On the other hand, religion does offer an answer: Our self-awareness comes from our spirit, which is different than our physical selves, although the two are bound together to some extent. In the mainstream christian view, God is the creator of our spirits, and therefore the creator of our self-awareness. So the answer, according the mainstream Christianity, is that we are who we are because God willed it to be so, and science has yet to offer a reasonable alternative explanation to that.

Mormonism offers an even more nuanced view. Our understanding of the pre-existence teaches us that we have always been self-aware. Our "intelligence" has always existed, and always will. I am who I am because I always have been. Perhaps that's doesn't directly answer the question, but it is at least a partial answer.

To be clear, my intent is not the set science and religion against each other. I believe there is truth in both, and even when they seem to be in opposition, we do well to learn how each view can enlighten our understanding of truth. However, my point here is to raise the bar, so to speak, on the scientific community by bringing to light one question that still remains beyond their grasp, and help the religious community understand at least one question that remains uniquely theirs to answer.

Monday, May 19, 2008

Everyone Needs a Wife

An author was being interviewed on a radio talk show the other day. For a brief segment, she was talking about how she works from home part time while her husband works as a doctor. She expressed how this arrangement has been beneficial to keeping her home and family running smoothly. Here is the quote from my memory:

"Everyone needs a wife. I mean that 1950s kind of wife that bakes and cleans and takes care of all of that stuff."

Before I get to my point, the context was clear that she was not making a sexist comment (especially since she is a woman). She was using the term "wife" as a euphemism for "person who keeps your life running", and she was including women in "everyone".

Lately I've been thinking about how true that is in my life. My wife stays home with the kids while I work. This works for us and honestly, I have a hard time understanding how couples make it work otherwise. There are so many responsibilities that families have outside of work. How do dual-income families find time for these things? I'm talking about home maintenance, financial planning, shopping, taking care of kids (of course very important), doing research on decisions that need to be made, and a million other important things I can't possibly list. I realize that some of these things you can hire people to do for you, but there are plenty that you cannot, such as caring for a sick child. Our son has medical issues that have caused what seems like daily doctor's appointments. I think if we both worked, one of us would have had to have quit by now. But even without medical issues, it's hard for me to imagine that it could work.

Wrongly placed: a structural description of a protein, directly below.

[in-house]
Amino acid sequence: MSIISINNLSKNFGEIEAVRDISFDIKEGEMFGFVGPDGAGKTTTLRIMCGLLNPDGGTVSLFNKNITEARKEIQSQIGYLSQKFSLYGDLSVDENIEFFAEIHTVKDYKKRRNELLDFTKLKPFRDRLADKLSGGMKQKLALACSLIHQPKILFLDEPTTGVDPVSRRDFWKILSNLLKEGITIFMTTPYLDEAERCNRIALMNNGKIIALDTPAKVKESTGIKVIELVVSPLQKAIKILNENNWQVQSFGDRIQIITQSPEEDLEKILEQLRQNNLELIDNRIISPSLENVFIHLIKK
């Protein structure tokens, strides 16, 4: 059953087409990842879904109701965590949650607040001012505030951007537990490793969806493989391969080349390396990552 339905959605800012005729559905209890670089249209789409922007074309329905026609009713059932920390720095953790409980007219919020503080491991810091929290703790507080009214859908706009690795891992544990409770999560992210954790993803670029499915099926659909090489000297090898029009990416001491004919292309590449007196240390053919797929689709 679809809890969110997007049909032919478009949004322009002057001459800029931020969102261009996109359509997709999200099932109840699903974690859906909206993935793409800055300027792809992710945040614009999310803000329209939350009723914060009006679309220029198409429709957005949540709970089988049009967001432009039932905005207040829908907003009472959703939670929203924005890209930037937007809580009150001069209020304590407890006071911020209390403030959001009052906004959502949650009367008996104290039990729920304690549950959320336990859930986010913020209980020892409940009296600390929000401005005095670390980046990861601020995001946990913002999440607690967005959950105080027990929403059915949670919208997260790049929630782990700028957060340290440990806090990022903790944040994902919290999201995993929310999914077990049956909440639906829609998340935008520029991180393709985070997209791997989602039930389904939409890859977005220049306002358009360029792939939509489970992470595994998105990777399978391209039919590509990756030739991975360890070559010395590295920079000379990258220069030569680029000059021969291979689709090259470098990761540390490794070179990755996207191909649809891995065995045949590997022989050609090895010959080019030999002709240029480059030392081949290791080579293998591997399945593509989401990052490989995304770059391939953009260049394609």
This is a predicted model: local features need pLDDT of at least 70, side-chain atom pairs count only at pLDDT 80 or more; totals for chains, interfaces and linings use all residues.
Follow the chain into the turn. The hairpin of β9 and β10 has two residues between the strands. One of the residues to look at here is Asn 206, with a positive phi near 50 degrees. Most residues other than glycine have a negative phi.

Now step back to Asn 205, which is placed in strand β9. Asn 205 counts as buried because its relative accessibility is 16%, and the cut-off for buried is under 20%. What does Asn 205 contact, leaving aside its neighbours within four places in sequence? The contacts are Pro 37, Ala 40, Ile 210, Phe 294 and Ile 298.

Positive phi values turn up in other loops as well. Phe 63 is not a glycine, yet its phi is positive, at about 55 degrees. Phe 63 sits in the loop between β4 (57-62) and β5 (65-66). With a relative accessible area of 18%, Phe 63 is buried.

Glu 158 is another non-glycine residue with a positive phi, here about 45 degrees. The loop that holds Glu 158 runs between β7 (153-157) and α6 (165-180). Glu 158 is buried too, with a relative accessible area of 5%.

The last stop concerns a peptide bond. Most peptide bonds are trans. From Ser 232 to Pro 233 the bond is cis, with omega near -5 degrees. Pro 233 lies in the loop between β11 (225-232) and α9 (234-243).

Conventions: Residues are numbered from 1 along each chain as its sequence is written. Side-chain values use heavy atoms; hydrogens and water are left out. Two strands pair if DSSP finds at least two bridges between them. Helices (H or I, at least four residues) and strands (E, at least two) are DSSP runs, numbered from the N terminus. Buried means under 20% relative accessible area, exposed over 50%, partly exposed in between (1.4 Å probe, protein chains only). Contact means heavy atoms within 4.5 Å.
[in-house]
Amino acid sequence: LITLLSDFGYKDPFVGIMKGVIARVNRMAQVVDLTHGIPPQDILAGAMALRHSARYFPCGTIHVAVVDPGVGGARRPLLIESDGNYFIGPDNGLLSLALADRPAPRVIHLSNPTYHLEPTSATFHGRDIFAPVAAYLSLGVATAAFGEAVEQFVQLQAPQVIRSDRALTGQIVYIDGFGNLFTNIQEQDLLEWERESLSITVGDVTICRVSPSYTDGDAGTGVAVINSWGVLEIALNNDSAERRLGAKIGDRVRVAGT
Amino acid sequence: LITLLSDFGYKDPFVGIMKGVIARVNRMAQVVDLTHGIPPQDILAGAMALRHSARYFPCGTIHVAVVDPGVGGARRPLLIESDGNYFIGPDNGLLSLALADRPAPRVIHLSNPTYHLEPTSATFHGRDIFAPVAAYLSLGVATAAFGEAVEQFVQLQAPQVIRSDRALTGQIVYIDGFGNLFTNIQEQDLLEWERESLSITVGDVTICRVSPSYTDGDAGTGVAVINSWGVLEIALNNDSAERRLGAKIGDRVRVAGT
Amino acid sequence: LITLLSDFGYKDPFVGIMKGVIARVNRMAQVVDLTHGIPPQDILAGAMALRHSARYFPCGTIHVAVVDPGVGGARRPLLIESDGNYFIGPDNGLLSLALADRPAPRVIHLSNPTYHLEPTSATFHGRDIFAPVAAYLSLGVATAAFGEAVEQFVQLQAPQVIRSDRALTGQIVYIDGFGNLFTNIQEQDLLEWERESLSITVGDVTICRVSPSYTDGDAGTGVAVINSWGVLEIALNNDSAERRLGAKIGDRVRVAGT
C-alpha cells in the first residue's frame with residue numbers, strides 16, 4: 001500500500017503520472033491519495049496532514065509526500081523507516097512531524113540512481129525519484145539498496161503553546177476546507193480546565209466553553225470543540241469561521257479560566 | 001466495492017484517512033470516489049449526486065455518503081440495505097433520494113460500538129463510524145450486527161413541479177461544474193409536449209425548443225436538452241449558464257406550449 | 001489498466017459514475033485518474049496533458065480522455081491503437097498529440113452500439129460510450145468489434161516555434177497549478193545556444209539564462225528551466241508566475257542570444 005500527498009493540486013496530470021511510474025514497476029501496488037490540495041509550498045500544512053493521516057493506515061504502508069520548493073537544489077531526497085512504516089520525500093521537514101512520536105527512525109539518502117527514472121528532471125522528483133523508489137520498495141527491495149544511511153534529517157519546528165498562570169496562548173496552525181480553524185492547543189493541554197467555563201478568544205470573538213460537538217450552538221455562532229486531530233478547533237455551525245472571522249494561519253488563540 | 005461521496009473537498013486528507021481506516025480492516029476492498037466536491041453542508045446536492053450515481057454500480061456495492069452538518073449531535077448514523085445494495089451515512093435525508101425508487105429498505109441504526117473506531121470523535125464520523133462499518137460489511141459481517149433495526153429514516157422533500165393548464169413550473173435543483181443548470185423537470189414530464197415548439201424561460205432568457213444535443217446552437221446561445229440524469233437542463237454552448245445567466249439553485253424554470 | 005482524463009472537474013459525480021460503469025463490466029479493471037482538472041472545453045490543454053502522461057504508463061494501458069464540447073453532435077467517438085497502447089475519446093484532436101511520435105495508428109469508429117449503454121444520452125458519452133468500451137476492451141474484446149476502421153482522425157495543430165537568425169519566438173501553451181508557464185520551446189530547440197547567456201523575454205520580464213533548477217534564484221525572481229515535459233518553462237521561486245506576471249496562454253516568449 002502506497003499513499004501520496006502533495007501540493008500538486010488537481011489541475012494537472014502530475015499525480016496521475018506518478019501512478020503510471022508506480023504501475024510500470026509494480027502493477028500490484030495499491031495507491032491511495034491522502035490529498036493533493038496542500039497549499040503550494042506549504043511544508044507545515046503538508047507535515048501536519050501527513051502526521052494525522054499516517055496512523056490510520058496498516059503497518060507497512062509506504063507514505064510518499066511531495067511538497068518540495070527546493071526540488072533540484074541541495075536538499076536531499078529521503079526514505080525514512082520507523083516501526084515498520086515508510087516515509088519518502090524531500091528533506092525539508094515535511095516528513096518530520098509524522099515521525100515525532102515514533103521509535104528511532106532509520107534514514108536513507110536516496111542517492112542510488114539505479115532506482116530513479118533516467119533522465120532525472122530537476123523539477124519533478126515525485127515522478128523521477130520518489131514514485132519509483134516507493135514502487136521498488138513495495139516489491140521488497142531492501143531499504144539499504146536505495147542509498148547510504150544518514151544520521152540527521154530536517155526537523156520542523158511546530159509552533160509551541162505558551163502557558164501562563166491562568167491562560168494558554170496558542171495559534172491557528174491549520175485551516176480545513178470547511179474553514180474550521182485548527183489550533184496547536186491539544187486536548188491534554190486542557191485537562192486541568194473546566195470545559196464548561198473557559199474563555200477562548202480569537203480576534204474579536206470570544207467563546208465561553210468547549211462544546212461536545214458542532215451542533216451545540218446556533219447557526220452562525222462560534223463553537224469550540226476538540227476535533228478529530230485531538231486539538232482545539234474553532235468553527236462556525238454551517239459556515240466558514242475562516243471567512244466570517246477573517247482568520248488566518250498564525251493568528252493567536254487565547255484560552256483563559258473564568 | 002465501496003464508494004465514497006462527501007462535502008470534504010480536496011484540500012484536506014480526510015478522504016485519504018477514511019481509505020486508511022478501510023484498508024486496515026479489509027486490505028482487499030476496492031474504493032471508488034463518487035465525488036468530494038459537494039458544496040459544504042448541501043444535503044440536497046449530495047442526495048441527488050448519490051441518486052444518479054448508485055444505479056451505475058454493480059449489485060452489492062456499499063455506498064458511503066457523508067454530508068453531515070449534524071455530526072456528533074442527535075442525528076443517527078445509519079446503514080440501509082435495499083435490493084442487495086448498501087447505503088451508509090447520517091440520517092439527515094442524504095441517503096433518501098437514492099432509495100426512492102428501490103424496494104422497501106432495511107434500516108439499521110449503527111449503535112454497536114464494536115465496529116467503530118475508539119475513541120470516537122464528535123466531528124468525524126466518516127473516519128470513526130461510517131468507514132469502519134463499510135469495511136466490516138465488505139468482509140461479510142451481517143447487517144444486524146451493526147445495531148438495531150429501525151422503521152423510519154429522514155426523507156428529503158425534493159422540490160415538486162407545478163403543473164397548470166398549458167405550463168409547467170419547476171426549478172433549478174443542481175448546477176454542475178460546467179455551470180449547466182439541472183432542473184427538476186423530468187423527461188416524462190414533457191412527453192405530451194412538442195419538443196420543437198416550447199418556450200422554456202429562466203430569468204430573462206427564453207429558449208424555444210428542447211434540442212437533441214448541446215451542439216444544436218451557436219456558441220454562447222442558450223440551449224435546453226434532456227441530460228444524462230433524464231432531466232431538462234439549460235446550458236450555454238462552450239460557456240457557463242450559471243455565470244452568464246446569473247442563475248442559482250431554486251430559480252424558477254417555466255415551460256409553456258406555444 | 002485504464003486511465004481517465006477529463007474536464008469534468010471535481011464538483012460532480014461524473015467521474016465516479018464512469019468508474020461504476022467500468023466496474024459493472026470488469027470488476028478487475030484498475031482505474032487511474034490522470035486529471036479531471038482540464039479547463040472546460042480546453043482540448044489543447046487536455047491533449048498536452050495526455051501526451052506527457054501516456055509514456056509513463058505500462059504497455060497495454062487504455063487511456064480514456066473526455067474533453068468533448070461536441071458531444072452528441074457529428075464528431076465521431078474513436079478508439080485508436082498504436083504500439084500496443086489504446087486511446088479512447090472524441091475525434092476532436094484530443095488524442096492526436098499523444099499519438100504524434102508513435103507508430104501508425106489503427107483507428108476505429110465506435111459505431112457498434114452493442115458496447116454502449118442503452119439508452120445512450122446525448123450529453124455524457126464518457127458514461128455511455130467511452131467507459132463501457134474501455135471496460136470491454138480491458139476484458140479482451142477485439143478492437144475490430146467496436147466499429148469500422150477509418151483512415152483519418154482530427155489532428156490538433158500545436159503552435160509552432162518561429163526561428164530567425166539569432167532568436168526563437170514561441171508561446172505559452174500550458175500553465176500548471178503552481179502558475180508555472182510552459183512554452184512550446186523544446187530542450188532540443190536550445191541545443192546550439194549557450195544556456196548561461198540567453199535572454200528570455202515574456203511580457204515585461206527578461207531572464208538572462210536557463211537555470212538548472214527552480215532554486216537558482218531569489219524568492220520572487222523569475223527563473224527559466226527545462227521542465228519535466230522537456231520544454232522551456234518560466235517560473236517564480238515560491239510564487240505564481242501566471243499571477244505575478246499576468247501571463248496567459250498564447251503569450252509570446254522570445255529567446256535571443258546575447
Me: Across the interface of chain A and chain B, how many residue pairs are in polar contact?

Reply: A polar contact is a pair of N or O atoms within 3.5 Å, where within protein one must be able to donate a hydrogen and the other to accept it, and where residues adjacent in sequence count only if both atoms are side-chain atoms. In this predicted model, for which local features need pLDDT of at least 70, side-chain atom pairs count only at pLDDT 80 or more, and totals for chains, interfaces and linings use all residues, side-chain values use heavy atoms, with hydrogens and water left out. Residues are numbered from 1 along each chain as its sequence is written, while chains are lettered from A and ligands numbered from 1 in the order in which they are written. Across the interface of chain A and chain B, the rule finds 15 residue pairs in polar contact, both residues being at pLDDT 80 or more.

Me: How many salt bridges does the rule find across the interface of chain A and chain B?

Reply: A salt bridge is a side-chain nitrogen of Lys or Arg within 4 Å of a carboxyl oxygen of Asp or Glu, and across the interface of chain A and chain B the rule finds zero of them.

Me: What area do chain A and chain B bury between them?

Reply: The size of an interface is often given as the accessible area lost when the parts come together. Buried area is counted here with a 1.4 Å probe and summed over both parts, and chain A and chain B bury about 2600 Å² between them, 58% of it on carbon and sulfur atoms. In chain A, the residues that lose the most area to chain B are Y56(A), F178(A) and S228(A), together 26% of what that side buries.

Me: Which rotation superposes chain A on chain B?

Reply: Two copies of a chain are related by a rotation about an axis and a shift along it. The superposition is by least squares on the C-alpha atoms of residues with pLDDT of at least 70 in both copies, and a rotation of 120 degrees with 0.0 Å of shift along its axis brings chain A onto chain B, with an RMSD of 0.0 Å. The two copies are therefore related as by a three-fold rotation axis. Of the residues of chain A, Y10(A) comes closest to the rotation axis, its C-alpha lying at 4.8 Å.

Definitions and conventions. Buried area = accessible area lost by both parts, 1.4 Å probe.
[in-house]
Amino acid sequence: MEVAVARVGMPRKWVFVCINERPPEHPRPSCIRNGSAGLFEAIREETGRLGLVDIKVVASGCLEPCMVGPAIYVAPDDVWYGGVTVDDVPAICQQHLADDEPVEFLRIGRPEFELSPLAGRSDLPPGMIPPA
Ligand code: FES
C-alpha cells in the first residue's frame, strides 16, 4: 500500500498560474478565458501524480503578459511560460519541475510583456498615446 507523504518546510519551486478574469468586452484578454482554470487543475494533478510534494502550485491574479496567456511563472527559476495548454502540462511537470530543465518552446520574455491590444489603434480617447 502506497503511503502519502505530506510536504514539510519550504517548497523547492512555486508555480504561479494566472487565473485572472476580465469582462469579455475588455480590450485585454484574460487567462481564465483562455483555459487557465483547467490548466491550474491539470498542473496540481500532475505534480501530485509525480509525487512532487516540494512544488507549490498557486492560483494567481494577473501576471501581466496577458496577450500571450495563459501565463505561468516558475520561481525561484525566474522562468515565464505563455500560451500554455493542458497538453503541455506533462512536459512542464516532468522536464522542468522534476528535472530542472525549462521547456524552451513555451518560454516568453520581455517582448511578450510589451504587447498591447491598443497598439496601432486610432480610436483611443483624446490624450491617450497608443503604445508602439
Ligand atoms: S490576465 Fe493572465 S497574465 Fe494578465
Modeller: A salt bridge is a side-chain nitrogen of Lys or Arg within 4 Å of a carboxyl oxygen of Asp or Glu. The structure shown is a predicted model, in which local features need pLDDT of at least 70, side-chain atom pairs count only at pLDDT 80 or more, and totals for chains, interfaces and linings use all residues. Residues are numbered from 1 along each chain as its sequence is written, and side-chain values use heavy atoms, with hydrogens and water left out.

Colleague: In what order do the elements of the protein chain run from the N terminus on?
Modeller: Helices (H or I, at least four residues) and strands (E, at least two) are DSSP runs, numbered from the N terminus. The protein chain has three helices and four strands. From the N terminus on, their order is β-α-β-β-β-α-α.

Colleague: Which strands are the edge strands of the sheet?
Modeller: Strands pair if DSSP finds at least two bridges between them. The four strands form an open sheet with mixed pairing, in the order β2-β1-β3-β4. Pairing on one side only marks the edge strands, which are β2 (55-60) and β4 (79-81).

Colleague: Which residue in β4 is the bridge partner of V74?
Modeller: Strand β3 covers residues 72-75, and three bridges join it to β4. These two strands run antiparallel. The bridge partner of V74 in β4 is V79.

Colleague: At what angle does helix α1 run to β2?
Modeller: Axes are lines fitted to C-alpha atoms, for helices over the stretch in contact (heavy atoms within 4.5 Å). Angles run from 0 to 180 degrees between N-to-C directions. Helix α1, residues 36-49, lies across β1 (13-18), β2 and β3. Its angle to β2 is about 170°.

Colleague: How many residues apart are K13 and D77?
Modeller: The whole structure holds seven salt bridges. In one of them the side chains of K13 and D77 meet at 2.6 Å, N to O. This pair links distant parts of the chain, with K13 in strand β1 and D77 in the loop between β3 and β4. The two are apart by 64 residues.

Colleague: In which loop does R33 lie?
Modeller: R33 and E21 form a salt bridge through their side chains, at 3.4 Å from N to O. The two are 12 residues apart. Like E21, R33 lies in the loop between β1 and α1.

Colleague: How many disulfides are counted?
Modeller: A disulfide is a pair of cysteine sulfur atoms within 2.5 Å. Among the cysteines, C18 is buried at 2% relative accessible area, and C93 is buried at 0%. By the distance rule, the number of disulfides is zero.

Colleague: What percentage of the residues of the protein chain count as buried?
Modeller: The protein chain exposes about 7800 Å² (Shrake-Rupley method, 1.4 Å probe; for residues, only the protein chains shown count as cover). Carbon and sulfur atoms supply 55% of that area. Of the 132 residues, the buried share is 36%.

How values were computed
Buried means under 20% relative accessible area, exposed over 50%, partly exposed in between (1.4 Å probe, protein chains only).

So, for those of you who are in dual-income families, I ask you: How do you do it? How do you keep your life running? For those of you in single-income families but who are married, I ask: Can you imagine your family running otherwise? For those of you who are single parents, I can only imagine how hard your struggle is, as you have the worst of both worlds: a single income and no one to share the burden. My heart goes out to you.

Saturday, May 17, 2008

Activist Judges At It Again?

A few nights ago I wrote up a post exploring some of the arguments against gay marriage from a purely legal perspective, in response to the California ruling. After writing it I decided not to post it, for three reasons:

1) I'm not an expert at law, so my attempts to explain things from a legal perspective are probably incomplete at best.